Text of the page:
Maps are a big thing for Maldives Complete. When you have 100+ resorts on a 1,192 islands a map is pretty critical. And the unique topology is one of the things that makes the Maldives a front runner contender for the ‘Seven Natural Wonders of the World’. One of my highlights of any trip to the Maldives is when the airplane finally arrives in Maldives airspace and the dappling of stunning blues start to appear in the ocean below.

Maldives Complete already features both Bing maps and resort maps on each resort profile as well as a unique ‘Deep Zoom’ version of the classic British Admiralty charts. Now, thanks to Francis Negrin once again, I have another to share.

The Maldives Department of Planning has posted its official atoll maps accompanied by an official resort listing on the web. Since Francis highlighted it to me a while back, I have found it extremely useful as the definitive source on resort status, names and geo information.

As Francis commented, “this collection of maps is amazing and the only worthwhile maps of maldives I have ever seen. it shows all the existing resorts with real and current commercial names shown in blue, and also in blue are all the islands set aside for resort development . It makes it easier to then go on google earth to see what the islands are like from above, or search the internet for news about new resorts opening (an otherwise quasi impossible task)… or to see what uninhabited or inhabited islands are near certain resort islands etc. and it is relatively up to date (2009).

Best of the Maldives: Canoe – W Retreat

W Resort Molokini glass bottomed canoe

Many people worry that indolent isolation of the Maldives would be just too boring for them, but many resorts have rather robust water centres with everything from water skiing to parasailing. A lot of the offerings are quite standard – canoes, windsurfers, catamarans, banana floats. But the best boat we at Maldives Complete have come across is the W Retreat’s ‘Molokini’ glass bottomed canoe. A new dimension to paddling around the lagoon and probably the closest one can get to snorkelling without actually snorkelling

Best of the Maldives – 100th Post Special

Kurumba

Choice, Experienced, Diversity, Handicap Access, Room Types, Loyalty Programme, Dining Choice

Kuredu

Golf, Wreck Dive, Turtles, Online Forum, Water Sports Centre, Longest Beach

Soneva Fushi

Voluntouring, Cinematic, Geek Activity, 2010 Calendar, Eco-Friendly, History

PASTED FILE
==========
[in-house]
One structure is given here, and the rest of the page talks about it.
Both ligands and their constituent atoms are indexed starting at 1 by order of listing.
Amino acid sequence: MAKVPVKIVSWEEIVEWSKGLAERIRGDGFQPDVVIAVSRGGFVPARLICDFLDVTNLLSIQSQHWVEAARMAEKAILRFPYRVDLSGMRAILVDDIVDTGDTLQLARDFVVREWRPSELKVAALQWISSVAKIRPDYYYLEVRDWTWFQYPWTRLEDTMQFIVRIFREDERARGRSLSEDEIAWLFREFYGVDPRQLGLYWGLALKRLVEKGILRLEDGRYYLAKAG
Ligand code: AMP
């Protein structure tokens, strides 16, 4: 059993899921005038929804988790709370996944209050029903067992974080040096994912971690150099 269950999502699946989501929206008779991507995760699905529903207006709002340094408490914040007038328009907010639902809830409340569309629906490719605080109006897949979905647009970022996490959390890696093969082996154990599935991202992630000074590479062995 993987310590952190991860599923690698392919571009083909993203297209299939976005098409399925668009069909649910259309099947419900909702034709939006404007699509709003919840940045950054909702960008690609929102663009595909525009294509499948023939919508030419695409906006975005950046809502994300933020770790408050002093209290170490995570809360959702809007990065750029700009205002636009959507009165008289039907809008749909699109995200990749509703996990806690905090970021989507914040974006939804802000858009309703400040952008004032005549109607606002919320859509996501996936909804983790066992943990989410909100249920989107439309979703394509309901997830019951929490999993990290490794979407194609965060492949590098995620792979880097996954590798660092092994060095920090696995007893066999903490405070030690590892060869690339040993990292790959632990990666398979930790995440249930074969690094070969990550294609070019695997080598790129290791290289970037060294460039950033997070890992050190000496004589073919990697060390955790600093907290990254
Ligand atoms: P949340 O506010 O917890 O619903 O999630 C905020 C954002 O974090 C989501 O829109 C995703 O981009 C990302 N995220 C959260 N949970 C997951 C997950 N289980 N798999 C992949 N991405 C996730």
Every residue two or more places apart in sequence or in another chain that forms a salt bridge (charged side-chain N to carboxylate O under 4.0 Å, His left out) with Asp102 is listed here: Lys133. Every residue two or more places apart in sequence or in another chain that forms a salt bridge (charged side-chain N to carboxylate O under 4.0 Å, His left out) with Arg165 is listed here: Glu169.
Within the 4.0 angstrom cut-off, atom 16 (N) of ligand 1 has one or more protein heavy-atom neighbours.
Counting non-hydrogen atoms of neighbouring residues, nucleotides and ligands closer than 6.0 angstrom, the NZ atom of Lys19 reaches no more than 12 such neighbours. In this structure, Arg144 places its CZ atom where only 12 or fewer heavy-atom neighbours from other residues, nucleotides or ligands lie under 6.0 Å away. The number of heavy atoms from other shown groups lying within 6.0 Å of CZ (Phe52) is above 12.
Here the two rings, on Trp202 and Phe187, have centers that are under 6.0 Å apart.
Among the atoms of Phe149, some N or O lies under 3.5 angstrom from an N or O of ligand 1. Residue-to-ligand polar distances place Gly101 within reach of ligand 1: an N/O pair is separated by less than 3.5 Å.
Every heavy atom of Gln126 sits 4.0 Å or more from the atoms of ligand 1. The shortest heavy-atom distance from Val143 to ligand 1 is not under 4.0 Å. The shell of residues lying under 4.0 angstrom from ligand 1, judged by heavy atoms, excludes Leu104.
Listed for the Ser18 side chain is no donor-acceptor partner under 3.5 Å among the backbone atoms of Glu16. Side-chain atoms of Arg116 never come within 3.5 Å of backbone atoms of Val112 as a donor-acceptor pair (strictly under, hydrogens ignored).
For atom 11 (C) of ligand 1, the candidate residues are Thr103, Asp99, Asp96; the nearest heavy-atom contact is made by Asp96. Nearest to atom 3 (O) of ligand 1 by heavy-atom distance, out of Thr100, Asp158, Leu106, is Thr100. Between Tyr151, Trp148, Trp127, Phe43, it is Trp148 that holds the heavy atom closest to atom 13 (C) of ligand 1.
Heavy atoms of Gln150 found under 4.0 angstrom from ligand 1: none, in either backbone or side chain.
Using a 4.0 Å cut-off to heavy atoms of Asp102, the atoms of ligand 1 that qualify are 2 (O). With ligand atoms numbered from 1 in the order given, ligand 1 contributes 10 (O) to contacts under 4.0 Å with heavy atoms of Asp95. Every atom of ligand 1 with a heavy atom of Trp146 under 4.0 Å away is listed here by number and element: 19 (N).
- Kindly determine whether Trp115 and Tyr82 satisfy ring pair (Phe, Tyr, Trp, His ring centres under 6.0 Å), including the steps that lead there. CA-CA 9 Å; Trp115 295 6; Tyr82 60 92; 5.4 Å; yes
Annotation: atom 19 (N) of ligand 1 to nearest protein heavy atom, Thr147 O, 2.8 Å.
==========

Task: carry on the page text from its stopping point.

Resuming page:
Huvafen Fushi

Hip Entertainment, 2010 Eclipse, Spa, Wine, Buoyant, Service

Shangri-La

Biking, Dining Experience, Elevation, Running, Lacustrine

Holiday Inn Male

View, Pool Seating, Short Stay, Toilet

Diva

Romantic, Classroom, Whale Sharks, Marine Reserve

Kandooma

Seating, Reefscaping, Library, Hot Drinks

Reethi Rah

Celebrity Watching, Li-Lo, Shoe Boutique

Anantara Dhigu

Seasonings, Cover Story, Readers Choice

This piece is the 100th Maldives Complete post. When the site was inaugurated, I added a blog to the web site to provide a way to dynamically update and cover the more qualitative aspects of the resorts that could not be accommodated in the core database profiles. I included some special pieces that covered a few interesting stories, factoids and useful info, but quickly the blog gravitated to the vehicle to regularly recognize the resorts’ uniques and superlatives in a very broad and even quirky range of categories featured in the ‘Best of the Maldives’.

I’ve decided to celebrate the 100th post milestone with a bit of a retrospective review of the Best of the Best. The recognitions themselves are highly unscientific in the first place (though most of the feedback is that they are pretty spot on) so the aggregate tally will be even more so.

Another caveat is that while a number of ‘Best Ofs’ have been published, nearly as many remain unpublished. I continue researching them and posting them on a regular schedule, but have decided not to rush things or overwhelm the growing readership with too many too often.

This wealth of material has led to my next project which is to adapt all of it into a ‘Best of the Maldives’ guide book which has been spurred by interest and support from a number of corners.

Soneva Fushi tops the list with 5 published superlatives in total (including 1 I haven’t published yet), but Kurumba tops the overall list with 7 overall (including 5 not yet published). There is huge bias in this stat not because I have any particular affinity for Kurumba, but because I recently stayed there and was able to uncover all sorts of gems and special aspects that even Kurumba hadn’t appreciated that it had (eg. exceptional handicap access).

As a result, to help balance the score and to similarly ferret out all sorts of other unsung gems, I am currently planning my next trip to the Maldives in July to cover as many resorts as I can to get more research for both the site and the book.

All those with 3 or more awards so far are listed above.

Best of the Maldives: Largest Island – Equator Village

Gan Island

One of the defining characteristic of the Maldives are their miniscule islands, but if such diminutive scale is too claustrophobic for you, then maybe you want to consider the other end of the spectrum. The largest resort island (the second largest island in the whole country after Hithado in the same atoll) in the Maldive archipelago is Gan at 2,256 square km. That compares to an average across all the resort islands of about 200k square metres.

Gan’ s resort is Equator Village. Gan also has an extensive history which includes a British naval base established there in World War II and an ancient Buddhist temple.

Best of the Maldives: Japanese – Vadoo

Vadoo Japanese Experience

 

If Zen is your thing, then Vadoo might just be another resort to consider. Vadoo has developed an entire Japanese experience including Ryokan style water villas designed and services by Japanese, Japanese Tea ceremony, and a traditional Japanese ‘Kaiseki’ dinner served at the restaurant or in room.

“The tea ceremony is a very special event in Japanese culture. The host spends days going over every detail to make sure that the ceremony will be perfect. There are various styles of tea ceremonies and it is recognized that every human encounter is a singular occasion, and so every aspect of the tea ceremony is savored. The ceremony takes place in a room called the chashitsu.”